Electrical installations require a solid understanding of various electrical formulas, whether in residential or commercial settings. These formulas are essential for ensuring electrical systems’ safety, efficiency, and reliability. This article provides a comprehensive overview of commonly used electrical formulas, along with explanations and practical tips for their application.

### Commonly Used Electrical Formulas

Quantity | Formula | Unit | Description |
---|---|---|---|

Power (Single Phase) | P = V × I | Watts (W) | Power is the product of voltage (V) and current (I). |

Power (Three Phase) | P = √3 × V × I × PF | Watts (W) | Power in a three-phase system is the product of √3, voltage (V), current (I), and power factor (PF). |

Current (Single Phase) | I = P / V | Amperes (A) | Current is the power (P) divided by voltage (V). |

Current (Three Phase) | I = P / (√3 × V × PF) | Amperes (A) | Current in a three-phase system is the power (P) divided by the product of √3, voltage (V), and power factor (PF). |

Voltage | V = P / I | Volts (V) | Voltage is the power (P) divided by current (I). |

Resistance | R = V / I | Ohms (Ω) | Resistance is the voltage (V) divided by current (I). |

Ohm’s Law | V = I × R | Volts (V) | Voltage is the product of current (I) and resistance (R). |

Power Factor | PF = P / (V × I) | Unitless | Power factor is the ratio of real power (P) to the apparent power (V × I). |

P = 230 V × 10 A = 2300 W

P = 1.732 × 400 V × 20 A × 0.8 = 11,091.2 W

I = 2000 W / 230 V ≈ 8.7 A

I = 10000 W / (1.732 × 400 V × 0.9) ≈ 16.0 A

V = 1500 W / 6.5 A ≈ 231 V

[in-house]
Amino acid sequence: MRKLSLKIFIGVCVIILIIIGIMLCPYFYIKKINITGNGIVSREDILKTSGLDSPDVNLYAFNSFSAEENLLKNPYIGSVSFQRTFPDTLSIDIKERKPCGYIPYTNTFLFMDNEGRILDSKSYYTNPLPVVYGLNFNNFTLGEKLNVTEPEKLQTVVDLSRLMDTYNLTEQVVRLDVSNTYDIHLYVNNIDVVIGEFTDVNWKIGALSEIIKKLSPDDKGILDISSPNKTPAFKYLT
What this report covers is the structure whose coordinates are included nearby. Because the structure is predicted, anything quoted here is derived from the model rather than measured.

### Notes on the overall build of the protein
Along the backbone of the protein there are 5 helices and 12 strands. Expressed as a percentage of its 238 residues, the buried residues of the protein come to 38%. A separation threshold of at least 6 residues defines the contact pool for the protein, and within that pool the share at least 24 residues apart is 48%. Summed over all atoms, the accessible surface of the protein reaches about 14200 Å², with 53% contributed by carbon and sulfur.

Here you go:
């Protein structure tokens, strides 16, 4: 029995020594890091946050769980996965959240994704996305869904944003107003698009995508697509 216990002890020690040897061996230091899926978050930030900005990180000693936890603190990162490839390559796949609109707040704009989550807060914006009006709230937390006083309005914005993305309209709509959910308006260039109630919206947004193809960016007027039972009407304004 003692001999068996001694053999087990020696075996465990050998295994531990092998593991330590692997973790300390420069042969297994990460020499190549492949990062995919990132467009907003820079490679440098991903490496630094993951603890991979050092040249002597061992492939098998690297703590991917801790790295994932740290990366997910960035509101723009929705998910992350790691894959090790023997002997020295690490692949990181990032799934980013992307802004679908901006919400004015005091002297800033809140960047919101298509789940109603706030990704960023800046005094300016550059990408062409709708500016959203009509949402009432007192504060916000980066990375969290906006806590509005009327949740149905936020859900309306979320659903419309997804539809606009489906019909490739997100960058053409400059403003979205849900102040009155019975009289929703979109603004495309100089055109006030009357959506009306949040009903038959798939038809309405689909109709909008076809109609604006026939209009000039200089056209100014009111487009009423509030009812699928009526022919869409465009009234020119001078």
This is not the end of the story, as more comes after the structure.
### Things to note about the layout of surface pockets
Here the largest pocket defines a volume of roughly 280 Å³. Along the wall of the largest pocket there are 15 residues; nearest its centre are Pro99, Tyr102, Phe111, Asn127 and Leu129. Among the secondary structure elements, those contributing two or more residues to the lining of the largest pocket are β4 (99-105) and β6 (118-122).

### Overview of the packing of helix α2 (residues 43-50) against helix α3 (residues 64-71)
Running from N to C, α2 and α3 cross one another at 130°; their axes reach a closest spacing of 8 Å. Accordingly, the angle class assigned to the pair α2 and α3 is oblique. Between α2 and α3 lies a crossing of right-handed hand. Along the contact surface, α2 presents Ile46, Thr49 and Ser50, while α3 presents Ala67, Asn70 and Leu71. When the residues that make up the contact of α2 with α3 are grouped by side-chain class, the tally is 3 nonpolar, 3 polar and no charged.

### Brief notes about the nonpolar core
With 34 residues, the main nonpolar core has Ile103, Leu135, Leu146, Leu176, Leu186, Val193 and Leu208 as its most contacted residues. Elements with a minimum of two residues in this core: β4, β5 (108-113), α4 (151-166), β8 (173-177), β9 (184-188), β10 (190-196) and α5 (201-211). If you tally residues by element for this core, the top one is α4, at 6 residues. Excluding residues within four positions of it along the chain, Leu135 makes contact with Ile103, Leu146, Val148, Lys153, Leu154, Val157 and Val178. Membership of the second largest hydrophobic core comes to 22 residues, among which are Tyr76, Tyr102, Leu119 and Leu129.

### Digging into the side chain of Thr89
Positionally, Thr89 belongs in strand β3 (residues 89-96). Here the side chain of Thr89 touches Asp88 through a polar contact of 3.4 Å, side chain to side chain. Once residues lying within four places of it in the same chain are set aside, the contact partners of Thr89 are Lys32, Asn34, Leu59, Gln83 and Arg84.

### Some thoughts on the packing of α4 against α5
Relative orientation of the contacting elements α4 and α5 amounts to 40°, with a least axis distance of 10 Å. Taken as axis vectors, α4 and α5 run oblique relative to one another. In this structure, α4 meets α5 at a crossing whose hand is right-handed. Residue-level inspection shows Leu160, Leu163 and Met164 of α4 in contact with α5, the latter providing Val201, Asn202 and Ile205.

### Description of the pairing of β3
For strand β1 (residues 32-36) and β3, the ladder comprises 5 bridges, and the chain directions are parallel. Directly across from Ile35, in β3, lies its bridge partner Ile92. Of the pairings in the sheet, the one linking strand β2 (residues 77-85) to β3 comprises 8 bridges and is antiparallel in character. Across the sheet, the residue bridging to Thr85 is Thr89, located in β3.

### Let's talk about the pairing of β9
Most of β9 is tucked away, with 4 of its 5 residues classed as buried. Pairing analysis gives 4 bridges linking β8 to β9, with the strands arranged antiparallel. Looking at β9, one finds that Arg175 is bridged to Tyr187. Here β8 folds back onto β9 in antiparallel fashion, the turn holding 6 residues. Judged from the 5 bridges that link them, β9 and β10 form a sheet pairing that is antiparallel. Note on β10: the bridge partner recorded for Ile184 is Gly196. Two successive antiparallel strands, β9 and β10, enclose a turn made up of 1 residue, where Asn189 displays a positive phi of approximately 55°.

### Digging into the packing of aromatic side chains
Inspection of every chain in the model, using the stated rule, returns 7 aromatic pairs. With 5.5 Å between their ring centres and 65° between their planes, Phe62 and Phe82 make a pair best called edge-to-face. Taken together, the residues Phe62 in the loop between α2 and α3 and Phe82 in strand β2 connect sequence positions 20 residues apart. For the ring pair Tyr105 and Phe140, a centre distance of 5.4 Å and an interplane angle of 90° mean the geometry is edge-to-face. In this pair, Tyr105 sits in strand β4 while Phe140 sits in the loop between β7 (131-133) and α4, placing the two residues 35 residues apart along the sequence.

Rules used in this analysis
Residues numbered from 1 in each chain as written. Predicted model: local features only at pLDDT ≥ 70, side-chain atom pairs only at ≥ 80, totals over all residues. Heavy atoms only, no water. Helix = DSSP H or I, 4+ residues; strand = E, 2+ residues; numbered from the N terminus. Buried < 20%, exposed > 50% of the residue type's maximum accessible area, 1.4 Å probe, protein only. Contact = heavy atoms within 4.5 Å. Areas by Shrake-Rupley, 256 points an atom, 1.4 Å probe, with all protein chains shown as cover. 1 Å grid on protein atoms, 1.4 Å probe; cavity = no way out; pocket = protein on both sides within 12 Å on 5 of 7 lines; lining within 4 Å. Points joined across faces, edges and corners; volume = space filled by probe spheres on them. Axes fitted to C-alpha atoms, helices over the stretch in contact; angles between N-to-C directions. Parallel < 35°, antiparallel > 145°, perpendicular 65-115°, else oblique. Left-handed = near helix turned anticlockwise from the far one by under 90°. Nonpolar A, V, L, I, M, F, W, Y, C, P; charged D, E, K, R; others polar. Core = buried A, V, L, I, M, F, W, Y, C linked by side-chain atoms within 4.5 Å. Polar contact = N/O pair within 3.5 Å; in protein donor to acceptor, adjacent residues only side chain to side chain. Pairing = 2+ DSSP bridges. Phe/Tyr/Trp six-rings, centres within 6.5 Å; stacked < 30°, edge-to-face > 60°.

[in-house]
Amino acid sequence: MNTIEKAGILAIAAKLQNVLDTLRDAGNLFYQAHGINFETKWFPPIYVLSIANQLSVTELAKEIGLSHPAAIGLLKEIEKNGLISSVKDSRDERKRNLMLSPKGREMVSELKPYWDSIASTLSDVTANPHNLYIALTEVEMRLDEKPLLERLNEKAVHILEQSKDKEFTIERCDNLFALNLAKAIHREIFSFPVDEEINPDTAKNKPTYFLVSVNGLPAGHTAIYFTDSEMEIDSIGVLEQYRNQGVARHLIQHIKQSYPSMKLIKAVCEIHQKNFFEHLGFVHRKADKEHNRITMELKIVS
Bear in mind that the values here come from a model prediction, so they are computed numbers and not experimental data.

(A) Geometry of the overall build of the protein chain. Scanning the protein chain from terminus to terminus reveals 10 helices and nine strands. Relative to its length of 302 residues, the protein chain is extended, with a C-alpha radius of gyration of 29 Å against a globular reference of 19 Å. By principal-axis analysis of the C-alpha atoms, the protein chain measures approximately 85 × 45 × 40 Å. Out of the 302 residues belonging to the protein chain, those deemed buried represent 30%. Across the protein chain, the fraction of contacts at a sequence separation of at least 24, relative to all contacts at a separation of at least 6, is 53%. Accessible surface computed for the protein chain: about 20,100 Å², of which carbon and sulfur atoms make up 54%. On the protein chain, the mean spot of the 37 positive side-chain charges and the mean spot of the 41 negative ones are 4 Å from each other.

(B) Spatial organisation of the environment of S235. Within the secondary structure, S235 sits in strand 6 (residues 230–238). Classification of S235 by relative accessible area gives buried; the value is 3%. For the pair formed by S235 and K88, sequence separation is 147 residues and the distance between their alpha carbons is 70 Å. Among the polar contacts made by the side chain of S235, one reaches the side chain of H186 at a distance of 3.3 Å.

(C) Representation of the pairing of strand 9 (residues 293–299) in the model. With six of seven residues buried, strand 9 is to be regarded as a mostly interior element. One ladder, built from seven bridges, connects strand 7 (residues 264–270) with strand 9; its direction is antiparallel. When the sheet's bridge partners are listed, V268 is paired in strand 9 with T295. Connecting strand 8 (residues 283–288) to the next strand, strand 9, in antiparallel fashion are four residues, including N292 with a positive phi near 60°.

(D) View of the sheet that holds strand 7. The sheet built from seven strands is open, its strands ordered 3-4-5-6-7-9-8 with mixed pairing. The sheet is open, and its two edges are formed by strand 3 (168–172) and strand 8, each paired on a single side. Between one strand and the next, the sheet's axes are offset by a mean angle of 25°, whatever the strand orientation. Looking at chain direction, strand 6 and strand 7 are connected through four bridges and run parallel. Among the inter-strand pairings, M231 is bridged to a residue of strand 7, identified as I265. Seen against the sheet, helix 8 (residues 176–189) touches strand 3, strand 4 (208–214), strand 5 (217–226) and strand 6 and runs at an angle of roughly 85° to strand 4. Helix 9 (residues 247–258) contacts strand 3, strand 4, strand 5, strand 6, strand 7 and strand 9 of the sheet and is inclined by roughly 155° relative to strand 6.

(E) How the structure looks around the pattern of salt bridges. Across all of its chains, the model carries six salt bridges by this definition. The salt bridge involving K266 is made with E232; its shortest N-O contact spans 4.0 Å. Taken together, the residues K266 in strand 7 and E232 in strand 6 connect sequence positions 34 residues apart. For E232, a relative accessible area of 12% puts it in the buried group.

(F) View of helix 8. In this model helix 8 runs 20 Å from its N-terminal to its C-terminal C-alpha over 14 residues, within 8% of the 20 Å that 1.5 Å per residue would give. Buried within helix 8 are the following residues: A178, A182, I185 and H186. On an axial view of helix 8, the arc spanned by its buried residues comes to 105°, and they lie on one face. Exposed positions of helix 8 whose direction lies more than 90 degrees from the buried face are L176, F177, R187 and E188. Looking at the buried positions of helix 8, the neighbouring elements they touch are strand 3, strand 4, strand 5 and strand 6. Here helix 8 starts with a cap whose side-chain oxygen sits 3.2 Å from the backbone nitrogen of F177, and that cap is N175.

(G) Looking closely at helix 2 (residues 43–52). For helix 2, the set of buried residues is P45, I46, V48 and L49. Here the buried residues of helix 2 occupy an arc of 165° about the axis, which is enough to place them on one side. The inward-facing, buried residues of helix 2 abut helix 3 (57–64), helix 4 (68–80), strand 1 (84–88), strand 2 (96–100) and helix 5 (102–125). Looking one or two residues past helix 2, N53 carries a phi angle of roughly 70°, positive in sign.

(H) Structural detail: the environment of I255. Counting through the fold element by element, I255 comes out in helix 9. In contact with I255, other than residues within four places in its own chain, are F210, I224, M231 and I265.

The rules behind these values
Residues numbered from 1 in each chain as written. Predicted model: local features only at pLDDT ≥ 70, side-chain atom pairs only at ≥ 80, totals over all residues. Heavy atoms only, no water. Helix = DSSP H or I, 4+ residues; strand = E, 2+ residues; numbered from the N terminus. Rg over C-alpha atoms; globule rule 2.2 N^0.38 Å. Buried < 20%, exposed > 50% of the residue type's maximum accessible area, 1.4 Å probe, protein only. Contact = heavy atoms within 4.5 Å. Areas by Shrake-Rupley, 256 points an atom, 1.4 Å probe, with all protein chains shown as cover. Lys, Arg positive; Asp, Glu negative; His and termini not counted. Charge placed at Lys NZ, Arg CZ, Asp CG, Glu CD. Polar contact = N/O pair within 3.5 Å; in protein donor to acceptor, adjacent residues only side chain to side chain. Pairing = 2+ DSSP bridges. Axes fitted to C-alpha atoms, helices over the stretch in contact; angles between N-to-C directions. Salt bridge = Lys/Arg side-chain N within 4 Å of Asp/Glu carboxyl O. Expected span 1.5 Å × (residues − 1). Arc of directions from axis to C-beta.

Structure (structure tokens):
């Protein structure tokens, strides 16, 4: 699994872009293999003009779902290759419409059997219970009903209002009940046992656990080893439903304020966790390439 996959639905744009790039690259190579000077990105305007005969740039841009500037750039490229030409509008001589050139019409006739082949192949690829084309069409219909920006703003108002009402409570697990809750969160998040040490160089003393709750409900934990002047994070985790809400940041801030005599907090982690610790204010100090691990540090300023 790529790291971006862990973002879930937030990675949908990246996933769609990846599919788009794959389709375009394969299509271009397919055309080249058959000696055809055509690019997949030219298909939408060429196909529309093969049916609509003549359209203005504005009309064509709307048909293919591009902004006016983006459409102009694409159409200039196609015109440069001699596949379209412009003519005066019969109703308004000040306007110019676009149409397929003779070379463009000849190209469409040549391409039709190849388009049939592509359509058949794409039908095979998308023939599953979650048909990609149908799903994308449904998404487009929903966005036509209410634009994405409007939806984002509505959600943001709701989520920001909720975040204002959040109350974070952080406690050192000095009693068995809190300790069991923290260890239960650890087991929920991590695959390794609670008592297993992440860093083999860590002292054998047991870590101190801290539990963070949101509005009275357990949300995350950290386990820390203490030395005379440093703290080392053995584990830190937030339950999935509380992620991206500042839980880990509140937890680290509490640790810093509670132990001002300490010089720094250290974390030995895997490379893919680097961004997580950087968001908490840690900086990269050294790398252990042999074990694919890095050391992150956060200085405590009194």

R = 220 V / 10 A = 22 Ω

V = 5 A × 10 Ω = 50 V

PF = 5000 W / (230 V × 25 A) ≈ 0.87

### Practical Tips for Using Electrical Formulas

**Accuracy in Measurements**: Ensure that voltage, current, and resistance measurements are accurate to obtain reliable results from the formulas.**Safety First**: Always follow safety protocols when working with electrical systems to prevent accidents and equipment damage.**Use Proper Units**: Consistently use the correct units for each quantity to avoid calculation errors.**Double-Check Calculations**: Verify your calculations to ensure they are correct, especially in critical installations.**Consult the Professionals:**If unsure it’s better to consult licensed electrical practitioners PEE, REE, or RME.

### Conclusion

Understanding and applying these electrical formulas is essential for anyone involved in residential and commercial electrical installations. These formulas help in designing, troubleshooting, and ensuring the safety and efficiency of electrical systems.

For further reading and more detailed examples, consulting other resources such as the International Electrical Code Standards (IEC), NEC, PEC, and other International Electrical Standards can provide additional insights and guidelines.